The Meaning of the Gates/Buffett Giving Pledge

Gates Buffett Yesterday, Fortune Magazine broke the news that Bill & Melinda Gates and Warren Buffett are launching a campaign to ask every billionaire in the country to pledge to give away 50% of their wealth.

I think this development marks a major milestone in the expansion of the Second Great Wave of Philanthropy. But the importance of news is not the actual money that many billionaires are likely to pledge, but the cultural ramifications of the campaign. More about this is a minute, but first a little history.

In the spring of 2006, I was driving my 6-month-old son around town in a desperate attempt to get him to fall asleep. That was the moment that I heard the news on the radio that Warren Buffett had announced he was going to give 85% of his wealth to the Gates Foundation and Bill Gates was leaving Microsoft to run the foundation. I had been playing with the idea of starting a blog for a few months, but it was the Gates/Buffett news that convinced me that something dramatic was beginning to unfold in philanthropy. A few months later I launched the Tactical Philanthropy blog.

In my past writing about the importance of Gates/Buffett decision, I have repeatedly stressed the idea that it was not the money that they were giving that had such potential to revolutionize philanthropy, but the cultural importance of their decisions. The Gates Foundation is only responsible for 1% of annual charitable giving. But the impact of the richest man in the world deciding at age 48 that running his foundation was more important than running Microsoft and the second richest man in the world deciding he would give away 85% of his wealth while he was still alive is simply remarkable.

I think the same sort of analysis is the best way to look at the Gates/Buffett Giving Pledge. According to Fortune Magazine, if every single billionaire signs the pledge, it would result in $600 billion being given to charity. But Americans already give $300 billion a year to charity every year. And of course, much of the $600 billion would flow into foundations or go to charity over a multi-year period. So a better way to look at the impact of the pledge is that it could trigger $30 billion per year in charitable giving or 5% of the $600 billion pledge. If the money flowed to nonprofits any faster, it would run out at some point and therefore not have a permanent impact on the level of charitable giving.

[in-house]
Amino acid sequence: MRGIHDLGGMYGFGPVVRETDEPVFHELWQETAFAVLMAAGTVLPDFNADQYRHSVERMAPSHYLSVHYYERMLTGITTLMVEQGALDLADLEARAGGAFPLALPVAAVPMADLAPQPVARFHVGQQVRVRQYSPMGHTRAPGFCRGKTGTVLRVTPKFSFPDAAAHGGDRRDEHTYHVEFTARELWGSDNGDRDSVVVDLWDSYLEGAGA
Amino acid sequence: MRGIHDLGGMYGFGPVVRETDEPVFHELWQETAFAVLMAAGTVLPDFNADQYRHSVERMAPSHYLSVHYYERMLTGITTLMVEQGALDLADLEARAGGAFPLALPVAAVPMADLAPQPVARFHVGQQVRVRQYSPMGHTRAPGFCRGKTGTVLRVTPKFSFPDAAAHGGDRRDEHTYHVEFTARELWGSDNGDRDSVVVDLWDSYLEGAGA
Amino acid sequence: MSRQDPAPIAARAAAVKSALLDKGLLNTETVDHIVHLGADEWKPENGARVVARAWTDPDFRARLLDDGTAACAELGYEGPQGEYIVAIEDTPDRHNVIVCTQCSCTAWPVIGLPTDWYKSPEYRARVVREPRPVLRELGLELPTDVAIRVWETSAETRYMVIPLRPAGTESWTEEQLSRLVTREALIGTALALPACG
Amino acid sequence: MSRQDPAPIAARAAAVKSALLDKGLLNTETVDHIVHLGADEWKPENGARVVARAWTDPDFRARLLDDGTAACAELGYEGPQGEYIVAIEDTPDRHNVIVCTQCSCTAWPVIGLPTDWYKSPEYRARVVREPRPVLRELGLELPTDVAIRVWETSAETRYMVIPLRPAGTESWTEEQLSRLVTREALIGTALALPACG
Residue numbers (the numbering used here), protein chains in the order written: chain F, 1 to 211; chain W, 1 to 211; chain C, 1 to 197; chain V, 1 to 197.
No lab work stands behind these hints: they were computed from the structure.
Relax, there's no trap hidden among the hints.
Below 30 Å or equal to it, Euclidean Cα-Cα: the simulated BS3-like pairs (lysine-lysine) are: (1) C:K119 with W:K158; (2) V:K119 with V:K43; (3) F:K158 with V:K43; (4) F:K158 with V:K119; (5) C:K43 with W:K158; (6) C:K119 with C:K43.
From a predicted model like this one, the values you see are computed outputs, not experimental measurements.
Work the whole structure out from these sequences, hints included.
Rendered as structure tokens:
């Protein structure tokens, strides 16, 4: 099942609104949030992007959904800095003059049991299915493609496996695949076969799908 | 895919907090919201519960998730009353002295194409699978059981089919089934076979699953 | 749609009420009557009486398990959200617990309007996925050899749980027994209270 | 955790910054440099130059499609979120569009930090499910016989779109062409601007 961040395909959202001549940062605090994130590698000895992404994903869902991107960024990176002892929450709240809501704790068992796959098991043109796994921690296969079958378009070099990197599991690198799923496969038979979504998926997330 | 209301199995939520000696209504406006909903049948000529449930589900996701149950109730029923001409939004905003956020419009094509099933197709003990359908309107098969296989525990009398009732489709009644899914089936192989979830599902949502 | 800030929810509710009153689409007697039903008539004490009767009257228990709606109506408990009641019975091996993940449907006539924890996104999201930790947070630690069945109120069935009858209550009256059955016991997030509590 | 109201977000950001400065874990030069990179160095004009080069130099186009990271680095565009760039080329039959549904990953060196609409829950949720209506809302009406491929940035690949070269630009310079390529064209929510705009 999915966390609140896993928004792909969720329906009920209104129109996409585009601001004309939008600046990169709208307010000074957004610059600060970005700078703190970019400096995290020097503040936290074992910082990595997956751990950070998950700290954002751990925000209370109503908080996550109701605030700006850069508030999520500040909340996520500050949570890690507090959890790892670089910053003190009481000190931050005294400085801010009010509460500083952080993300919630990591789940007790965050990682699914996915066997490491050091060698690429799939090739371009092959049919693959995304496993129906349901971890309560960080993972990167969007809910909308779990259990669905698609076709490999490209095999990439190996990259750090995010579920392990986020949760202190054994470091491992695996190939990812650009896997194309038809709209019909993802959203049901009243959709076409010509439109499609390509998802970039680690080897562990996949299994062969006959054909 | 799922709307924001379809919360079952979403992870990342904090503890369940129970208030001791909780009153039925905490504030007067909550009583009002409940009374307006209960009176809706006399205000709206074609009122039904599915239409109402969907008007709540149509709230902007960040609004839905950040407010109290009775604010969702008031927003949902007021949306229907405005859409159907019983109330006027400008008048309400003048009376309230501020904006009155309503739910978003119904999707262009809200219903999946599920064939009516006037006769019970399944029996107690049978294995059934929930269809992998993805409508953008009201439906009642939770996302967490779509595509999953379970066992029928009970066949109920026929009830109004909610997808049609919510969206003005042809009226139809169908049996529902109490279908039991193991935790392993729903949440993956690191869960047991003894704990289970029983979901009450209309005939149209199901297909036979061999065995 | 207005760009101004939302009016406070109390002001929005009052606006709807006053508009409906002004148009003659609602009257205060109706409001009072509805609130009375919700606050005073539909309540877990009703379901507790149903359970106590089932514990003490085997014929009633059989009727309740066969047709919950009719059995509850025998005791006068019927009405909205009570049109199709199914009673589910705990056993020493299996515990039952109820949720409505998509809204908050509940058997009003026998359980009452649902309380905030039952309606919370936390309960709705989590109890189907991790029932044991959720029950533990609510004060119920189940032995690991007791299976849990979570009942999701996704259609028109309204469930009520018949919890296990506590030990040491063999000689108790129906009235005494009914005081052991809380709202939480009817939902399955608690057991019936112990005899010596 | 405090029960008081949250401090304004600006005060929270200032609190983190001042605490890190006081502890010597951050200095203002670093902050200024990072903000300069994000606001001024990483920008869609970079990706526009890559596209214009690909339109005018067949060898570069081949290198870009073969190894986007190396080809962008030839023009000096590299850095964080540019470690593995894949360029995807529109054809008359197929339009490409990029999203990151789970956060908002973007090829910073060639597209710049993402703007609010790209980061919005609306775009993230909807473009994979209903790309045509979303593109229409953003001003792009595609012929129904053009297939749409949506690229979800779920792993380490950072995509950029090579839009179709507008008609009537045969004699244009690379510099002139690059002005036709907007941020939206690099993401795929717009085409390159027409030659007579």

Now $30 billion is real money. It is roughly what all the foundations in the country currently give each year. But it would only result in a 10% bump in total charitable giving. It is very likely that even without the pledge, Americans will increase their giving by $30 billion within 3-5 years simply by virtue of the typical pattern of giving increasing with economic growth.

But just as the original Gates/Buffett decision in 2006 inspired many other people to get more involved in philanthropy, if the Giving Pledge is successful, it will have ramifications far beyond the exclusive circle of US billionaires. Certainly you would expect that it would motivate some non-US billionaires. But it is also likely to affect the way that everyday Americans think about their personal philanthropy.

For as long as we have data, Americans have been giving roughly 2% of their income to charity each year. What if the Giving Pledge acts as a sort of tipping point that helps accelerate the growing public interest in philanthropy and kick starts a gradual increase of average giving from 2% of income to 4% of income? The result would be an increase in charitable giving of $300 billion every single year. That’s 10 times what the Giving Pledge might raise if it gets 100% participation from the country’s billionaires.

That’s what makes the Giving Pledge a potential really big deal. The original Gates/Buffett announcement resulted in a 1% increase in charitable giving, but it was important because it had the potential to trigger the 10% increase in charitable giving that the Giving Pledge represents. The Giving pledge might result in a 10% increase in charitable giving, but it is important because of its potential to trigger a 100% increase in charitable giving.